It’s the Solheim Cup Pressure that Creates Controversy

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It’s the Solheim Cup Pressure that Creates Controversy

Solheim Cup veteran Annika Sorenstam serves as European captain for the first time in 2017. Here, she describes the event’s unique emotional charge and how she’ll deal with it as Captain.
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Annika Sorenstam

Annika Sorenstam is a retired Swedish professional golfer who is regarded as one of the best female golfers in history. She has won 72 official LPGA tournaments including ten majors, earning over $22 million throughout her career. Annika is now a mother and entrepreneur with her own clothing line and golf academy.

My first Solheim Cup experience was at the Greenbrier in 1994. I was 24, and I hadn’t yet won an LPGA tournament, and there I stood, representing the entire continent of Europe on the first tee of the biggest event of my career. As I listened to the introductions and the fans singing around the tee box I stopped to make sure I was breathing. I was, but not easily. Adrenaline pumped throughout me. And before I could begin trying to settle my nerves, somebody standing nearby said, “You’re green.”

I’ll never forget that feeling.

I would go on to play in seven more Solheim Cups and then serve as Assistant Captain in three more. And you know what? Nothing in golf rivals the emotion and pressure of representing your country—your continent rather—for that one week at the Solheim Cup.

Think about it: It’s a premier event, and only the very best players in the world get the chance to play. So, you’re proud. You don’t want to let anyone down. Of course, there’s pressure in a U.S. Open, but the difference is that the only person you risk letting down in a U.S. Open is yourself. At the Solheim Cup, you risk the chance of disappointing 11 other players and your country.

We all know that golf is very much an individual sport. And for professional golfers, our careers rely on playing against ourselves every week. We’re faced with a new test of our skills on a different golf course week in and week out. When you’re playing in a Solheim Cup, though, the idea of only playing against yourself and the course is shifted. You’re now faced with the elevated intensity of playing against yourself, the golf course, and your opponents. And the field of opponents is no longer filled with 100 other competitors but just 12. Twelve of the very best players—in the world. You’ll be paired with one of these twelve players to compete head-to-head alongside a teammate for an alternate shot, or one-on-one in match play.

And then, there’s the crowd. They’re intensely passionate, and they’re either cheering along for your team or cheering for the other. There aren’t fans following a player because she’s from their hometown, they like her style of play, or because she’s the No. 1 player in the world. It’s either red, or it’s blue. And it’s one-sided in a way, with so much more support for the home team.

All of this combines to make the Solheim Cup so unique, so special. The pressure is higher than any tournament we play as individuals. It’s not a surprise that the tension of its environment makes players overreach at times for a competitive edge.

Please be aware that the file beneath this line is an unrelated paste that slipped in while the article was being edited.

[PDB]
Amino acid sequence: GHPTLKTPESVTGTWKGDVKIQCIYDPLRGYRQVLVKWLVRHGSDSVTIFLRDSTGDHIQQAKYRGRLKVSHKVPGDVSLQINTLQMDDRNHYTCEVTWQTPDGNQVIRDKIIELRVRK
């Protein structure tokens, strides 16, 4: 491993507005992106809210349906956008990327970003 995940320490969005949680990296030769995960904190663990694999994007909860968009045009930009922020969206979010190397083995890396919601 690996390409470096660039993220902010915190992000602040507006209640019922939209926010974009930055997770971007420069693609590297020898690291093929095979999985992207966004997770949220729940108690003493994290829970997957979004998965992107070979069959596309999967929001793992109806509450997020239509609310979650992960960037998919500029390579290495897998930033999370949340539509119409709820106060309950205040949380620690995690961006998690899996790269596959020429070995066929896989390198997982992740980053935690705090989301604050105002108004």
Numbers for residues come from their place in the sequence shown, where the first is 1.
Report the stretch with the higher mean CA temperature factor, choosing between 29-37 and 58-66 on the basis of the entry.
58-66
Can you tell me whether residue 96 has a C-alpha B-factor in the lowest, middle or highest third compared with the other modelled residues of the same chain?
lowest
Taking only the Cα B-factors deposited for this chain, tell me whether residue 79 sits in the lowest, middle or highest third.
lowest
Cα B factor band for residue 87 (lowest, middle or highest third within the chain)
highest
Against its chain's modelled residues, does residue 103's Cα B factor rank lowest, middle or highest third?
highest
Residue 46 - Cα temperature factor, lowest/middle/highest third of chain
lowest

I saw that first-hand as a player in 2000. During a close and intense match, I holed a 25-foot chip shot to halve the 13th hole. I was told I’d have to replay the shot because the U.S. team noticed I was not further away, so technically, I had played out of turn. I saw that competitive edge again last year as Vice Captain when the U.S. team picked up a short putt they thought had been conceded and Suzann Pettersen refused to allow it. We all learned a lesson from that experience. And this is a new chapter.

When it comes to leading our 2017 team, I will talk about sportsmanship early in the week with the team. I’ll talk about it quickly, and then move on. It’s not something we’re going to allow to linger, and I’m not going to lecture them. The players I’ve gotten to know during my time as Captain are quality people who will represent themselves and their country in the highest regard.

We all want the Solheim Cup to elevate women’s golf. We all have that potential. When you’re a competitor, winning is obviously important, but, to me, the experience needs to be fun. Above all, we need to represent who we really are and what we stand for and to keep that in mind. We always try, but it does tend to get very heated at times. I think in times of controversy, we’re reminded that the controversy is not what we want to be known or remembered for. We want to be known for the great golf that is being played.

The Solheim Cup is our biggest stage for showcasing amazing play and good sportsmanship. We concede putts. We say, “Good shot, good putt,” to our competitors. In 2015, a few of our team members even went to the U.S. celebration party.

The Solheim Cup is one of the most incredible weeks in golf. It’s not always about the results. Above all, it’s about the journey and the experiences that will make us richer in so many ways.

My goal is just to lead this team. That’s not to say I won’t be feeling a lot of emotions at the opening ceremony. I’ll have put in a year and a half of planning for our team even before they get on the golf course—from the locker room, hotel, clothing, gifts, food. I’ve had a hand in making decisions on all the details that will help create an unforgettable experience for our team. When you’re part of something like that, it’s not just another week of business as usual.

I hope I won’t turn green. But I’m betting my heart will be pumping a little faster than it has in a while…at least since the last Solheim Cup.

Photo credit: Getty Images

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